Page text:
DEALTALK-Prudential CEO prepares to face the AIA sceptics

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* Prudential bets its future on Asian AIA deal

* Shareholders see rights issue narrowly gaining approval

* Prudential is break-up target if deal voted down

By Victoria Howley and Raji Menon

LONDON, April 30 (BestGrowthStock) – Tidjane Thiam has changed the
face of Britain’s Prudential (PRU.L: ) for good, regardless of
whether his $35.5 billion bid for AIA succeeds or not.

The insurer will either land one of the most audacious
takeovers since the start of the credit crunch — still the most
likely option by a slim margin — or be left behind looking
vulnerable as a takeover target itself.

“Large and small shareholders have reservations about the
price of this deal, although they don’t dispute the strategic
logic,” said James Chappell, a financial services strategist at
UK broker Olivetree Securities.

“Management will need to show how buying AIA will create
more value for shareholders than spinning off lower growth
businesses like the UK or U.S.”

Prudential has already started meetings with its largest
investors in a final attempt to win over sceptics ahead of the
issue of prospectuses for its $21 billion rights issue and Hong
Kong and Singapore listings on or around May 5.

Under the deal, AIG will receive $10.5 billion in Prudential
shares, while the UK insurer will also raise $5 billion in debt
to round out its financing.

The takeover of AIA — AIG’s (AIG.N: ) Asian life insurance
business — will make Prudential Asia’s biggest foreign insurer
overnight, boosting its exposure to soaring demand across the
region as growth slows in its home market.

But investors are wary of the the sheer size of the rights
issue, equal to Prudential’s market cap, that will dilute their
exposure to the company.

“I think it will be quite difficult for Pru to get this
through given they need 75 percent (approval from shareholders)
– that’s quite a big hurdle rate. I think it’s only 50/50 it
will go through,” a top 20 Prudential shareholder told Reuters.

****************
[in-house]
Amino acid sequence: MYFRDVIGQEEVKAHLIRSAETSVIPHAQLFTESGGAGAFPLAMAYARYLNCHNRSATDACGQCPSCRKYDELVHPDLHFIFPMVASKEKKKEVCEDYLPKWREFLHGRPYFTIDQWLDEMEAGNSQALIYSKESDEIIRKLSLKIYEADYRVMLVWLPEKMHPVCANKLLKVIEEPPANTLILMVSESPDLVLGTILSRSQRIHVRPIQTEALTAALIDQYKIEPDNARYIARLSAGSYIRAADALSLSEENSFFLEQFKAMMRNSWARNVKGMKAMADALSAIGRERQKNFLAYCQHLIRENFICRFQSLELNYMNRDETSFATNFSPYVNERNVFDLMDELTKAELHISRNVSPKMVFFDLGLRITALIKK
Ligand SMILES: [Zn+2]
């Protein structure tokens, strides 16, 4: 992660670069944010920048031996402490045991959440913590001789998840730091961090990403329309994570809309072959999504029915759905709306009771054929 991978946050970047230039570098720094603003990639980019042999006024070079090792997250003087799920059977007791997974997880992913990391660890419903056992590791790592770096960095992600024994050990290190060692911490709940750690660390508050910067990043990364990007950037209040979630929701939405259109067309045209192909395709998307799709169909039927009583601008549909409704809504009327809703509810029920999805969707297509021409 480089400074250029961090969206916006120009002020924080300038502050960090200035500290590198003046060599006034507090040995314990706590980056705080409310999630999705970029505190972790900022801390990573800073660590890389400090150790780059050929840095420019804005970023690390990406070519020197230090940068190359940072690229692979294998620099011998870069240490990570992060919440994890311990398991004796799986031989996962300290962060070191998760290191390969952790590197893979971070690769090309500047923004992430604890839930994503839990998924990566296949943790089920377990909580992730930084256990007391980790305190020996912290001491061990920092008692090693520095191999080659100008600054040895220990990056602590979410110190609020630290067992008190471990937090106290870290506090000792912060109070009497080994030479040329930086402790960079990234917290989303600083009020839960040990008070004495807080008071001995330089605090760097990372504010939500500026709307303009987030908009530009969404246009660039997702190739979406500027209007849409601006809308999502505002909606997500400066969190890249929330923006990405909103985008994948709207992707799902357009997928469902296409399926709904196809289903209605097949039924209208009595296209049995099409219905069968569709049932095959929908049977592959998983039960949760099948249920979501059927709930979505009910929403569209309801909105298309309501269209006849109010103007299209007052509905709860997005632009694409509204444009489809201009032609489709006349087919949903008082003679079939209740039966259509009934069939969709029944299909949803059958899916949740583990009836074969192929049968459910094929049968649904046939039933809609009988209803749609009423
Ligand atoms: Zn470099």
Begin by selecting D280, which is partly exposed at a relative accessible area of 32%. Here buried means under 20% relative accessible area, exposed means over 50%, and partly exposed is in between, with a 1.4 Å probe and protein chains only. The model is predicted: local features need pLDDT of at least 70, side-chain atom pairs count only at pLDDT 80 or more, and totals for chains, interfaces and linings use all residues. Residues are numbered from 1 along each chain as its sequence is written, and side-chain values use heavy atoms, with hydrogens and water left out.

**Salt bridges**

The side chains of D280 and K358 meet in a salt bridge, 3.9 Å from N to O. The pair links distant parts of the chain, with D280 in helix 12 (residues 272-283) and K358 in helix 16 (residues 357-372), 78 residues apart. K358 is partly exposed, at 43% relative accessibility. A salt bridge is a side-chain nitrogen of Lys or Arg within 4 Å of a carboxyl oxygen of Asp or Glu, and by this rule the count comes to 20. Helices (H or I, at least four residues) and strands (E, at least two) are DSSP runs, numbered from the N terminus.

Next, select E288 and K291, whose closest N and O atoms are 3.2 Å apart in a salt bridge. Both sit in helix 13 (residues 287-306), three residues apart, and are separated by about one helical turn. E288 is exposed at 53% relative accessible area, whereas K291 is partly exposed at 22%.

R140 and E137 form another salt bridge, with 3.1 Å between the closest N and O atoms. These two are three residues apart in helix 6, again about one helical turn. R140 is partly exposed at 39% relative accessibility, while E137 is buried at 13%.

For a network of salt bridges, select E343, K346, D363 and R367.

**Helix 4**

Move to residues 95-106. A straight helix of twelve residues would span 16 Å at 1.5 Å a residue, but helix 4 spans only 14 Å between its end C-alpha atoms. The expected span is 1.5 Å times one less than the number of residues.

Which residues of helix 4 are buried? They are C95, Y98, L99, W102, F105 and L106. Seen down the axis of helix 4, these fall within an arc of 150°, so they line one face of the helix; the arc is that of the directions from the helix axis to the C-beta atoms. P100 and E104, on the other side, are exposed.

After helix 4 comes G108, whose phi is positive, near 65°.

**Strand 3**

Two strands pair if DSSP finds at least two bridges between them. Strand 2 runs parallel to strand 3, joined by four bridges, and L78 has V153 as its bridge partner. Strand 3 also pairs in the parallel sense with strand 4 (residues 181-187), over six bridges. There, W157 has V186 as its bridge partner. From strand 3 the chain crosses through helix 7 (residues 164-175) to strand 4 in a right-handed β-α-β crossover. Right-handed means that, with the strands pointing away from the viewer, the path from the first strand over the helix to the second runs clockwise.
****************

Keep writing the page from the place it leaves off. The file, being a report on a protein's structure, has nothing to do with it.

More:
Prudential’s largest shareholder, Capital Research &
Management, this week fired the first shot in what might become
a shareholder revolt, revealing its misgivings about the deal, a
person familiar with the matter told Reuters.

Another top 10 investor also said the deal might struggle to
get the required approval, and that there might be more value in
breaking up Prudential. [ID:nLDE63Q0SA]


A vote against the AIA deal will leave Thiam’s role at the
head of the company in doubt and put Prudential in play as a
takeover target, investors and analysts said.

“If they don’t get the 75 percent, a few heads are going to
roll, not least the CEO’s. He has staked his career on this,”
said another investor, who added that he thought the deal would
just scrape through.

Thiam, a French-speaking national of Ivory Coast where he
was once a government minister, has made his mark at Prudential,
launching the transformational deal after just five months at
the helm and only a few years with the company.

While expectations of a break-up bid before a shareholders’
vote on the deal are cooling, potential buyers for Prudential
assets are in all likelihood already waiting in the wings in
case the rights issue is voted down.

“Buyers would be queueing up to get their hands on
Prudential Asia, but it will be far more difficult to sell the
slower growing U.S. and British parts of the business,” said an
investment banker who is not involved in the deal.

Thiam has admitted to holding talks with Resolution (RSL.L: ),
a British buyout firm founded by Clive Cowdery, over the sale of
the insurer’s UK arm, which analysts at Shore Capital have
valued at around five billion pounds.


The prospectus would have to include some “jam today” for
shareholders, Eamonn Flanagan of Shore Capital said, possibly in
the form of asset sales to bring down the purchase price.

He suggested this could include parts of Asia or China,
given anti-trust issues there.

But bankers say Resolution is the only buyer for the
business, meaning it would drive a hard bargain on price which
would not compensate Prudential adequately for the loss of
cashflows generated by the British unit.

Asian insurer Ping An and Prudential’s British rival Aviva
have also been named as players in a potential break-up bid.

“Aviva has the guts for a break-up but its shareholders are
not happy with management so they wouldn’t give it the money or
the authority to go ahead,” said an analyst.

Chinese insurer Ping An made huge losses from a wrong bet on
its investments in Belgo-Dutch bank Fortis during the financial
crisis. Its chairman Ma Mingzhe said in March the group was not
interested in teaming with Prudential for the AIA bid.

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(Additional reporting by Clara Ferreira Marques and Douwe
Miedema; Editing by David Cowell)

DEALTALK-Prudential CEO prepares to face the AIA sceptics